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Difference between SSI and Social Security disability insurance (SSDI)

What's the difference between (SSDI) Social Security Disability Insurance and SSI for someone who is disabled? Is there a difference and which do you pick?

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SSDI is for disabled individuals (as defined by the Social Security Administration) who have qualified for benefits by working a certain number of quarters.  SSI, on the other hand is needs based.  For both SSI and SSDI, the Social Security Administration applies a multi-step analysis to determine whether a person's disability is serious enough to interfere with their ability to work.  Under SSI a person who meets the Social Security Administration's definition of 'disabled' may receive benefits even if they have never worked.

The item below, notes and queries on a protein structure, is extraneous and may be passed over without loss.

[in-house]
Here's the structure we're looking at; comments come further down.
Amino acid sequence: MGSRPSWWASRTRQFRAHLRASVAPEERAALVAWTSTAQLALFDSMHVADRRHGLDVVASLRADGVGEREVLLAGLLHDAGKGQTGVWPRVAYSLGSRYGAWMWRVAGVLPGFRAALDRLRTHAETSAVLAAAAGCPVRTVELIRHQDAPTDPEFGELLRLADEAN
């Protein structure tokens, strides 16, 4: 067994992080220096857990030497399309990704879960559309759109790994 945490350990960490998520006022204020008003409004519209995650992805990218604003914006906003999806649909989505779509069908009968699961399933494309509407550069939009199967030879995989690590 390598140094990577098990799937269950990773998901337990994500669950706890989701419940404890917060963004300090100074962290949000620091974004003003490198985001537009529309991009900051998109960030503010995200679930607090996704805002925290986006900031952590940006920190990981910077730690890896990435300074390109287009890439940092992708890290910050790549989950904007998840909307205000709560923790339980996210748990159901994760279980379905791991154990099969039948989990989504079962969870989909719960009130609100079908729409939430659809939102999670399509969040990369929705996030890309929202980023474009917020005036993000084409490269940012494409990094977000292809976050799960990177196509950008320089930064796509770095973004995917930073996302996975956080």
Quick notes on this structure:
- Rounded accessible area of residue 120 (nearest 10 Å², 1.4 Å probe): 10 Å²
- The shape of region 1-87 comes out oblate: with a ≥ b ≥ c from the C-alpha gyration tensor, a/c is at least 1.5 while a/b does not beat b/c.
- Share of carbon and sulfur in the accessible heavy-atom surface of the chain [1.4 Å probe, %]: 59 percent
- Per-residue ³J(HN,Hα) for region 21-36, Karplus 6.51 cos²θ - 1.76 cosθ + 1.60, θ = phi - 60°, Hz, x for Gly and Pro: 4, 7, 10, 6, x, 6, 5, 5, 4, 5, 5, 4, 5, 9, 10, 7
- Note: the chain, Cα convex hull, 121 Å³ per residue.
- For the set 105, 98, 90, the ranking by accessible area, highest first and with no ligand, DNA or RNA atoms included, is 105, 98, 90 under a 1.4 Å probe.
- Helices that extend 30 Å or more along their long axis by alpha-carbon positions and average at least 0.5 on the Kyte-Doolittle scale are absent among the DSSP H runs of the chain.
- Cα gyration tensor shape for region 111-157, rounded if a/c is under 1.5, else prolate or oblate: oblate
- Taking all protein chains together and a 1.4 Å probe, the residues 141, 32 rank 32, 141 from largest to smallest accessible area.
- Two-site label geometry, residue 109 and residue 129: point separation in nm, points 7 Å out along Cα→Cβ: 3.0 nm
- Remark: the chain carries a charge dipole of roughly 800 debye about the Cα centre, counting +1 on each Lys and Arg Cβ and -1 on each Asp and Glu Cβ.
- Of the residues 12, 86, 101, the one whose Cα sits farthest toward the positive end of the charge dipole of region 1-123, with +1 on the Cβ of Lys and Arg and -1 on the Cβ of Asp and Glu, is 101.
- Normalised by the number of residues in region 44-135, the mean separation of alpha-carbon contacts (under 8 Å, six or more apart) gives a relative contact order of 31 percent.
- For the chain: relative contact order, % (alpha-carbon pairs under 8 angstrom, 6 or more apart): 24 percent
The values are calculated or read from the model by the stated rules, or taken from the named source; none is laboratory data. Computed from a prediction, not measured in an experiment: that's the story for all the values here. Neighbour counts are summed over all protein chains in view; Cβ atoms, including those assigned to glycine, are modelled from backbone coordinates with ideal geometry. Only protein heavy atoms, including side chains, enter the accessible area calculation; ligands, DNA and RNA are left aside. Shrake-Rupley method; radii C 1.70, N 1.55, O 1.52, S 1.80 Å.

Generally speaking, in order to qualify for Supplemental Security Income (SSI), the applicant cannot have more than $2000 in assets.  In making this determination, the Social Security Administration will consider the following "resources":  cash, stocks or bonds, money in bank accounts, personal property, a second motor vehicle, and any real estate not the residence of the claimant.  As you may have deduced from the above, the SSA does not count your home, your car, and other assets including, but not limited to, burial savings, support payments, and wedding rings.  Good luck and please tell your friends about The Forum.

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